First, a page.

Two years have passed since the debacle of the Second Lebanon War. Do you remember the very original management theory proposed by the Olmert government after the war? It claimed that it is precisely those who made the mistakes who must now be charged with correcting them. That was only one of the many pieces of nonsense to which we were subjected at the time.
Another was that the war actually ended in victory for us - not quite by a knockout, but on points. That the UN-brokered cease-fire with Hezbollah, Security Council Resolution 1701, was really a great achievement for Israel, as it brought strengthened United Nations forces and the Lebanese army to southern Lebanon, which would prevent Hezbollah from rearming. It did not take long before Hezbollah made a laughingstock of Resolution 1701.
Presumably, the Olmert government has been engaged for months in an intensive study of the Winograd reports - first the interim report, and a year later, the final report. Those who were responsible for making the mistakes were now busying themselves correcting them. Did anyone really believe that?
Actually, after the northern part of Israel received its daily dose of hundreds of Hezbollah rockets on the very day the cease-fire went into effect, we did not need the Winograd report to know that the mistake the Olmert government made in that war was in not ordering the Israel Defense Forces to provide protection for the north's civilian population by having ground troops move into southern Lebanon and put most of Hezbollah's rockets out of range. You did not need to be a rocket scientist to understand that.
David Ben-Gurion used to preach that in war, the IDF's first responsibility was to protect the civilian population. But the security cabinet simply forgot that lesson, in the vain hope that the problem could be solved by the air force. And the lesson has still not been relearned.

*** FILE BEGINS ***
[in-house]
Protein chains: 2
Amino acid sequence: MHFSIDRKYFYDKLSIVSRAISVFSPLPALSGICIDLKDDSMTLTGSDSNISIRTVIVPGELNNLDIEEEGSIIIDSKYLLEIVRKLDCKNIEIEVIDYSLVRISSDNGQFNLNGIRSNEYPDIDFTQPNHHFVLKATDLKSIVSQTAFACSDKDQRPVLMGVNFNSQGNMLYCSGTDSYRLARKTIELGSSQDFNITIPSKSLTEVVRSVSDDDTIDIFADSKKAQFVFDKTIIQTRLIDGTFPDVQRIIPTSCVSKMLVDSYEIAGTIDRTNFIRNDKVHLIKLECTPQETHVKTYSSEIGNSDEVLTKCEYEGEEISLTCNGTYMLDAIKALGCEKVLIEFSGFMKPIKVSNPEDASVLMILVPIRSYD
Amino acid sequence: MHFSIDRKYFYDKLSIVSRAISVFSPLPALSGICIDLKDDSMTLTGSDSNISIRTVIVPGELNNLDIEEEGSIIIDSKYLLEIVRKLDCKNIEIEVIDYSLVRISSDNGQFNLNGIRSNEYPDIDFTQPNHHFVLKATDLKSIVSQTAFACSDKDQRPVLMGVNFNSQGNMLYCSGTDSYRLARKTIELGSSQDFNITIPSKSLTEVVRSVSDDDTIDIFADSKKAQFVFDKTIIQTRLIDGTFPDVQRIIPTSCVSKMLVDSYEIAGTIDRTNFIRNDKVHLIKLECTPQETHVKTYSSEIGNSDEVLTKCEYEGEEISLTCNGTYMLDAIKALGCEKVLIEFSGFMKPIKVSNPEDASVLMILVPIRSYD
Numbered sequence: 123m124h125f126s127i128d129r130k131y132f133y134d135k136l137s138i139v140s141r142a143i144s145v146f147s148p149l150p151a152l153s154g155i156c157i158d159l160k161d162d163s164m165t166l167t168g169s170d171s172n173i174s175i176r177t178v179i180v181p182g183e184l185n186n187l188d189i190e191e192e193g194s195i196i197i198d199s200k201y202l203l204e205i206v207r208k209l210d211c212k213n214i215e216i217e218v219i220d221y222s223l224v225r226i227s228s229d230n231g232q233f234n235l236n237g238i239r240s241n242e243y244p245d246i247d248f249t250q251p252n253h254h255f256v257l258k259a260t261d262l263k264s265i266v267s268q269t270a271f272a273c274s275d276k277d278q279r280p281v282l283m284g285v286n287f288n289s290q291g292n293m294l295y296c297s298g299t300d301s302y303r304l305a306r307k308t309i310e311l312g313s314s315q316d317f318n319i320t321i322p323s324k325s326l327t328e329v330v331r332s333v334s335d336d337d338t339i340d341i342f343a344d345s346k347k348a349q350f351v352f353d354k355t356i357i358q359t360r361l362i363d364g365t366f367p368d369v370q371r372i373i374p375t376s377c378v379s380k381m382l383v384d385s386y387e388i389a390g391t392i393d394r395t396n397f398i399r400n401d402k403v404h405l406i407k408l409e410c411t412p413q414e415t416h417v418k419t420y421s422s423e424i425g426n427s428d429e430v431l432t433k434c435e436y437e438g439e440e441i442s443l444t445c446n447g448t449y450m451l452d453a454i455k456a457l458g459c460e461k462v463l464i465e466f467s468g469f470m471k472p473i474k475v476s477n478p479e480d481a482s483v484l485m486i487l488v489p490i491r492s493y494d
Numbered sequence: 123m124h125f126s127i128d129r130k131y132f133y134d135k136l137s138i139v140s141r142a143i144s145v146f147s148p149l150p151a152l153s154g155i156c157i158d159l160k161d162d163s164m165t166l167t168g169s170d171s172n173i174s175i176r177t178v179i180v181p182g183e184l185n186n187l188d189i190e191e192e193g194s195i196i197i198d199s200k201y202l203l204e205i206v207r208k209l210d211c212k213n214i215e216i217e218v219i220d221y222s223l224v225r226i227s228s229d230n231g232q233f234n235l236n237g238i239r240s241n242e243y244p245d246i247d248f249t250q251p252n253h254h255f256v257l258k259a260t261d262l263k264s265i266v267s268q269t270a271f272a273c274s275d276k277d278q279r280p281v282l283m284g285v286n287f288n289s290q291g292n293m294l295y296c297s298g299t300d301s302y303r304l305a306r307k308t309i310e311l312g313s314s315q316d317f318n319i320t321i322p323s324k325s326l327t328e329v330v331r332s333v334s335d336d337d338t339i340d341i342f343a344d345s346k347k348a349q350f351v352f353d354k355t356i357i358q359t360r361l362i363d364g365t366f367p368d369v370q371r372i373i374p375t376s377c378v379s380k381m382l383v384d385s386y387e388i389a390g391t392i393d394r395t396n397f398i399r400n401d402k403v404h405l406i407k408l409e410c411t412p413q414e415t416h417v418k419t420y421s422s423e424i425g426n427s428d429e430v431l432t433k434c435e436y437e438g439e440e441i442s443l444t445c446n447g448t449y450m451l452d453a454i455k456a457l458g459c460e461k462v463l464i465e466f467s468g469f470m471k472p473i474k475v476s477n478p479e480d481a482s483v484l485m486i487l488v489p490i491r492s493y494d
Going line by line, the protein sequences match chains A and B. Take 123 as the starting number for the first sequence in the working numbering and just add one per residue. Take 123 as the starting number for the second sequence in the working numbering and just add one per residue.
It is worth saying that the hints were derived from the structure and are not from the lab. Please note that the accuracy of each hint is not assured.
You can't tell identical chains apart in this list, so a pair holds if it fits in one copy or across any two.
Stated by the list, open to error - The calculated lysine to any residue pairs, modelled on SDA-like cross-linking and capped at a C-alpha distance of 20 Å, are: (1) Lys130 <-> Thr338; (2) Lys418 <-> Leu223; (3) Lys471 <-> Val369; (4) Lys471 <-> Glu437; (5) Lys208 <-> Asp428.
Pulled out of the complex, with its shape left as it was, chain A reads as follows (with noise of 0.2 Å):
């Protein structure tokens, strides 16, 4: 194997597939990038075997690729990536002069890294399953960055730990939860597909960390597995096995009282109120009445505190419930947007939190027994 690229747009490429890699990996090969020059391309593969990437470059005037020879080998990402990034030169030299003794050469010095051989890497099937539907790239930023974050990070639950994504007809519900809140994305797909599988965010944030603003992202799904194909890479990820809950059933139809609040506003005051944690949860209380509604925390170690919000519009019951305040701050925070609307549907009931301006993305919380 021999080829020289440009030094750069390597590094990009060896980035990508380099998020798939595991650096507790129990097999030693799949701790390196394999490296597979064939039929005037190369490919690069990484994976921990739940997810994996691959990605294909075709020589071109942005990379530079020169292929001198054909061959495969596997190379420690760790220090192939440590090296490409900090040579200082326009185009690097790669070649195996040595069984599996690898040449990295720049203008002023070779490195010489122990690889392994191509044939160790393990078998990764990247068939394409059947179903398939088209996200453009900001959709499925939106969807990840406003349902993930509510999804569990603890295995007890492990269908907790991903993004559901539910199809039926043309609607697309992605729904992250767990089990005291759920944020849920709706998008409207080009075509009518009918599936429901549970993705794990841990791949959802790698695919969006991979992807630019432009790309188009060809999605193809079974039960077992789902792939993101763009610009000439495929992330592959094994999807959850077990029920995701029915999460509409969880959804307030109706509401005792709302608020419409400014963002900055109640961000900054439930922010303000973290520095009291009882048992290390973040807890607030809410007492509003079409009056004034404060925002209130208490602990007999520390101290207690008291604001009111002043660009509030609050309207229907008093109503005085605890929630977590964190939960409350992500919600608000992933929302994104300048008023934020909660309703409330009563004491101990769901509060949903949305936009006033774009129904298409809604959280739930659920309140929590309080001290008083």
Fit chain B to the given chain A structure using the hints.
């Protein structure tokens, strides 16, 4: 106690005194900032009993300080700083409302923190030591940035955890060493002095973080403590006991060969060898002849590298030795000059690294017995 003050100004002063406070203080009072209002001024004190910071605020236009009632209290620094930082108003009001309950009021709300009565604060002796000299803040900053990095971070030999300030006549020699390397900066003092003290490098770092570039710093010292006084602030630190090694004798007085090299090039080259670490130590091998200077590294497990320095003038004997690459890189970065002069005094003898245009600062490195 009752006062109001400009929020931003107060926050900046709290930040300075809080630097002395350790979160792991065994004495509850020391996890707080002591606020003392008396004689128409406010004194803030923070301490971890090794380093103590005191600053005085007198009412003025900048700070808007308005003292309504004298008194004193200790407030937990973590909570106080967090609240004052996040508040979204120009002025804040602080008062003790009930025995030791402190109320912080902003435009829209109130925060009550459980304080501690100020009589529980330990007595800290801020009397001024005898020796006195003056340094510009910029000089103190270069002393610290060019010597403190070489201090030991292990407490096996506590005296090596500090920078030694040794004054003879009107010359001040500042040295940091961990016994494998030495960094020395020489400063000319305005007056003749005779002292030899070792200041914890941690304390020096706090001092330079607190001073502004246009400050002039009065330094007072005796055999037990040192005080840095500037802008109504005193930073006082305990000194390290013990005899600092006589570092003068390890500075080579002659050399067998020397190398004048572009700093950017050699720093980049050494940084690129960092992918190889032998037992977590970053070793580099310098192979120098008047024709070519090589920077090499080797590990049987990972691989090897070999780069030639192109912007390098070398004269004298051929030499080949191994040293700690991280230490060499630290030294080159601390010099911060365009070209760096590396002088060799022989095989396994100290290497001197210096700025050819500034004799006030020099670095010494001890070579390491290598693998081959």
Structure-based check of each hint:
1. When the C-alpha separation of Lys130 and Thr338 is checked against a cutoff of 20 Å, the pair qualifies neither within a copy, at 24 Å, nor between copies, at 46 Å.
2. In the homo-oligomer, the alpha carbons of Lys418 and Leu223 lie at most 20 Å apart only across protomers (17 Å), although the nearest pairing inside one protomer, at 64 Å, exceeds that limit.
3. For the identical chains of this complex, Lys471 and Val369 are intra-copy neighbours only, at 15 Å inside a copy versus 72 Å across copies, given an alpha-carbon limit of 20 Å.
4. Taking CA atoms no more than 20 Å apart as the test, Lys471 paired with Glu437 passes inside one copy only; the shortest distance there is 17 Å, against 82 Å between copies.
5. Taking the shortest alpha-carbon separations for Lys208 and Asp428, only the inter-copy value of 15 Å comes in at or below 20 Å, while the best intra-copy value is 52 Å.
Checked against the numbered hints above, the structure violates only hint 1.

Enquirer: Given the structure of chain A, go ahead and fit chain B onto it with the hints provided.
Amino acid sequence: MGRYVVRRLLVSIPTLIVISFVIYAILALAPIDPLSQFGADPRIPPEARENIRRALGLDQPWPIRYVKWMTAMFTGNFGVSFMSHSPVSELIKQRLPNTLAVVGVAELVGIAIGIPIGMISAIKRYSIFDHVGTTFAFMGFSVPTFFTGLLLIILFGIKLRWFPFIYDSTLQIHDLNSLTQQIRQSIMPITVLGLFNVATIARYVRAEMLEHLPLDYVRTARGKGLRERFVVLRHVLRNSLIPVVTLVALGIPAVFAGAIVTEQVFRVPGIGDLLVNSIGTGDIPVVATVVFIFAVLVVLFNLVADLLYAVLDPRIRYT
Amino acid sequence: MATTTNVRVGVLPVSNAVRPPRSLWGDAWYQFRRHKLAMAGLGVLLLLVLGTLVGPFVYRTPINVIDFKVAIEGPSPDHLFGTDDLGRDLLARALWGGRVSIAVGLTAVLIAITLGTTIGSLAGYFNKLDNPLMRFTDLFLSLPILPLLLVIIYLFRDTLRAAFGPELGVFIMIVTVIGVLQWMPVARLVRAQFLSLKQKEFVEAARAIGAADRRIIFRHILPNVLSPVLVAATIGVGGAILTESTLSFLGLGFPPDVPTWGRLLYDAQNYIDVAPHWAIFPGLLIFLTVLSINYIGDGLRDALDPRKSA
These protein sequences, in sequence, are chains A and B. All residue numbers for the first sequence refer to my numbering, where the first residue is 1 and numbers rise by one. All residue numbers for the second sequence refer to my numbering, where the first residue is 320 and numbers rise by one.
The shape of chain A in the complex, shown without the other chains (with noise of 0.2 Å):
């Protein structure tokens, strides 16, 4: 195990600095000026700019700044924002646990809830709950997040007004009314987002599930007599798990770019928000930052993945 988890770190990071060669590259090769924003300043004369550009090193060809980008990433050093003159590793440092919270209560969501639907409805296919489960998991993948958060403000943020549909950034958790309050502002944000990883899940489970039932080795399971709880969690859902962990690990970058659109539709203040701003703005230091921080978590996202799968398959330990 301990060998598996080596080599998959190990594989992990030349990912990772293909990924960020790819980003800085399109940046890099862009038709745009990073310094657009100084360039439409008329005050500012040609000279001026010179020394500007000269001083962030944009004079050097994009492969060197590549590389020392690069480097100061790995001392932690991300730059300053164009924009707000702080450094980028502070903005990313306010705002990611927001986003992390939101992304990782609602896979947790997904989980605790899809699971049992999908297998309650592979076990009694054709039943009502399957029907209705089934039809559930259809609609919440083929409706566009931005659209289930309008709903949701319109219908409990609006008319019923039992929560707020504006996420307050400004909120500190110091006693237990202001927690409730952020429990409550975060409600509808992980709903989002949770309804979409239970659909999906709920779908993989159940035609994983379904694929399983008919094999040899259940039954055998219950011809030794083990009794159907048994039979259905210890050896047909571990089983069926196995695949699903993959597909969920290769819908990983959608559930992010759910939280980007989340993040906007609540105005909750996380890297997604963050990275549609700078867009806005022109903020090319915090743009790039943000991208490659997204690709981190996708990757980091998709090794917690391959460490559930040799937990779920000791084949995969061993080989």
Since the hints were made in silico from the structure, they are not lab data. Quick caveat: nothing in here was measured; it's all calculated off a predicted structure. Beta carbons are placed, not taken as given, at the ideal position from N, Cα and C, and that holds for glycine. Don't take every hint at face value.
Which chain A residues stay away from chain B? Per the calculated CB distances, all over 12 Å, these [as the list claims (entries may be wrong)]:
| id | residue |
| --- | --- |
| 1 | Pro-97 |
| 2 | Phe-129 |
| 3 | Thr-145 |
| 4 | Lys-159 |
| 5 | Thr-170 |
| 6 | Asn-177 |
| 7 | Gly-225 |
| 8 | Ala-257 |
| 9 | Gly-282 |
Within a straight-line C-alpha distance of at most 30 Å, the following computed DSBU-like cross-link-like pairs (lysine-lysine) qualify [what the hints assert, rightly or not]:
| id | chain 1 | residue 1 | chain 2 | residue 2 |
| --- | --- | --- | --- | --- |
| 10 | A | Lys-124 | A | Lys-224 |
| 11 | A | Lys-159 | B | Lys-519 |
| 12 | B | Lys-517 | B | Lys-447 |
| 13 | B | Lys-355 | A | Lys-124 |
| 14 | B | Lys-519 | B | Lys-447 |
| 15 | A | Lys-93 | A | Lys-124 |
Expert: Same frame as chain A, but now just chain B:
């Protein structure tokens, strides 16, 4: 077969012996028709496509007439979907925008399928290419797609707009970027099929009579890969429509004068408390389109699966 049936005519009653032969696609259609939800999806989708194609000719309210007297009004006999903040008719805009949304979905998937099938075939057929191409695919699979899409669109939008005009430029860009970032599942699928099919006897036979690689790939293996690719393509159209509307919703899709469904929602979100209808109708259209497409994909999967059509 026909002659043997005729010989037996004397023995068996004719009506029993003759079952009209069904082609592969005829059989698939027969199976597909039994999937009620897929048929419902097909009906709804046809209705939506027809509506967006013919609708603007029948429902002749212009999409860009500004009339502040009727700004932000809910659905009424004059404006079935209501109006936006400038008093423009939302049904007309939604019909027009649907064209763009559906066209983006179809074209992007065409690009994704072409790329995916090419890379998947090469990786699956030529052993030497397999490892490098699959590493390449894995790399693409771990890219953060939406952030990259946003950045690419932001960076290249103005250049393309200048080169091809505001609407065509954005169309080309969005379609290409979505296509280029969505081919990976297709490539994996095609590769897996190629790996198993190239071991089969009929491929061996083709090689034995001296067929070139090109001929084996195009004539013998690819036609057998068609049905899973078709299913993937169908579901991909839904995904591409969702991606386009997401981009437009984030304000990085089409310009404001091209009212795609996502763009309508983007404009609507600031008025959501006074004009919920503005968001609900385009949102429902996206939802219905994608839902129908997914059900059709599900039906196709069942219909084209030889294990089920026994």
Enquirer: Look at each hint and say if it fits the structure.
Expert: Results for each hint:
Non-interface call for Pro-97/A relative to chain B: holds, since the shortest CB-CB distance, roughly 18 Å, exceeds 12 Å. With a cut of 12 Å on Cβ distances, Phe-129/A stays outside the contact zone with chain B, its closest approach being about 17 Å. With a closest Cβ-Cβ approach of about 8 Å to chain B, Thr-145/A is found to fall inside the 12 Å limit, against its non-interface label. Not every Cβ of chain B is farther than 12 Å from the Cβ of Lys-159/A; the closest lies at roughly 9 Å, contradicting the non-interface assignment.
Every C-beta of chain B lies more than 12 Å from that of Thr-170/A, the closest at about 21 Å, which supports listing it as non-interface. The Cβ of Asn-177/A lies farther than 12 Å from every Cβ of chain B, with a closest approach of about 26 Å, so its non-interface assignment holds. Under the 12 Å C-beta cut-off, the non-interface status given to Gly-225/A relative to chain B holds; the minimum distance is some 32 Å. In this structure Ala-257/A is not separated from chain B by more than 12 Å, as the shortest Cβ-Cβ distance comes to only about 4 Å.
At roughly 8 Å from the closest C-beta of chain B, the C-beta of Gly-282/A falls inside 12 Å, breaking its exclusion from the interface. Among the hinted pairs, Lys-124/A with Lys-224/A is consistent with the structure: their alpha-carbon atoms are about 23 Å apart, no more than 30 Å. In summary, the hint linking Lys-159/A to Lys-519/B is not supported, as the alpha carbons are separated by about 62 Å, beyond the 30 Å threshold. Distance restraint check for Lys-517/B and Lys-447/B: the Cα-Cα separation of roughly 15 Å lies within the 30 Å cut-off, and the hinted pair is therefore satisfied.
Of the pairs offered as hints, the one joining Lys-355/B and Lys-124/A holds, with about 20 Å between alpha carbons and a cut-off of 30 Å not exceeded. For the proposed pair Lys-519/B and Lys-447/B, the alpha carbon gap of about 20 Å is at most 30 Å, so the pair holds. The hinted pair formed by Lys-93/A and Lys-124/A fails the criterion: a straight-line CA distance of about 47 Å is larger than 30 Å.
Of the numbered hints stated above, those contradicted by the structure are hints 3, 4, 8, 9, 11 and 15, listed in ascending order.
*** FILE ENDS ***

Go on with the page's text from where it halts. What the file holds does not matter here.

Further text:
It was the great philosopher George Santayana who said that those who fail to learn the lessons of history are doomed to repeat them. But it is rare that you actually see history repeating itself. After all, things change so rapidly that we are not likely to face a repeat of a scenario we have witnessed in the past.
The Olmert government, however, had that most unusual opportunity. No sooner had it bungled the Second Lebanon War then it had to deal with another war in the south. Not identical, granted, but very similar. It was the Second Lebanon War on a smaller scale. In place of Hezbollah we were facing Hamas, and the rockets were now coming down on the western Negev instead of the Galilee. But once again, the air force was called in, in the vain hope that it could put an end to the civilian population's suffering. Nothing had been learned; the same mistakes were repeated.
It even ended the same way: an Egyptian-brokered cease-fire with Hamas, and rockets falling on the western Negev until the very last day - in fact, even after the cease-fire was to have taken effect. And Hamas declared itself the victor in this round of fighting, just like Hezbollah did two years ago.
Now there are reports that Hezbollah has utilized the past two years to amass a vast quantity of rockets, thus preparing itself for the next round. And a mirror image of what happened, and is still happening, in southern Lebanon is now happening in the Gaza Strip. In the next round, the IDF will find Hamas better armed, better trained and more prepared.
As far as members of the Olmert government are concerned, all this is of little consequence. Wishful thinking predominates in their minds. The northern border is peaceful, and only occasional rockets and mortar shells disturb the "cease-fire" in the south. Why should things not continue this way?
Anyone who believed that Hassan Nasrallah was going to supply meaningful information on the fate of Ron Arad is likely to believe anything. They can dream on, but it is time the Israeli public woke up.
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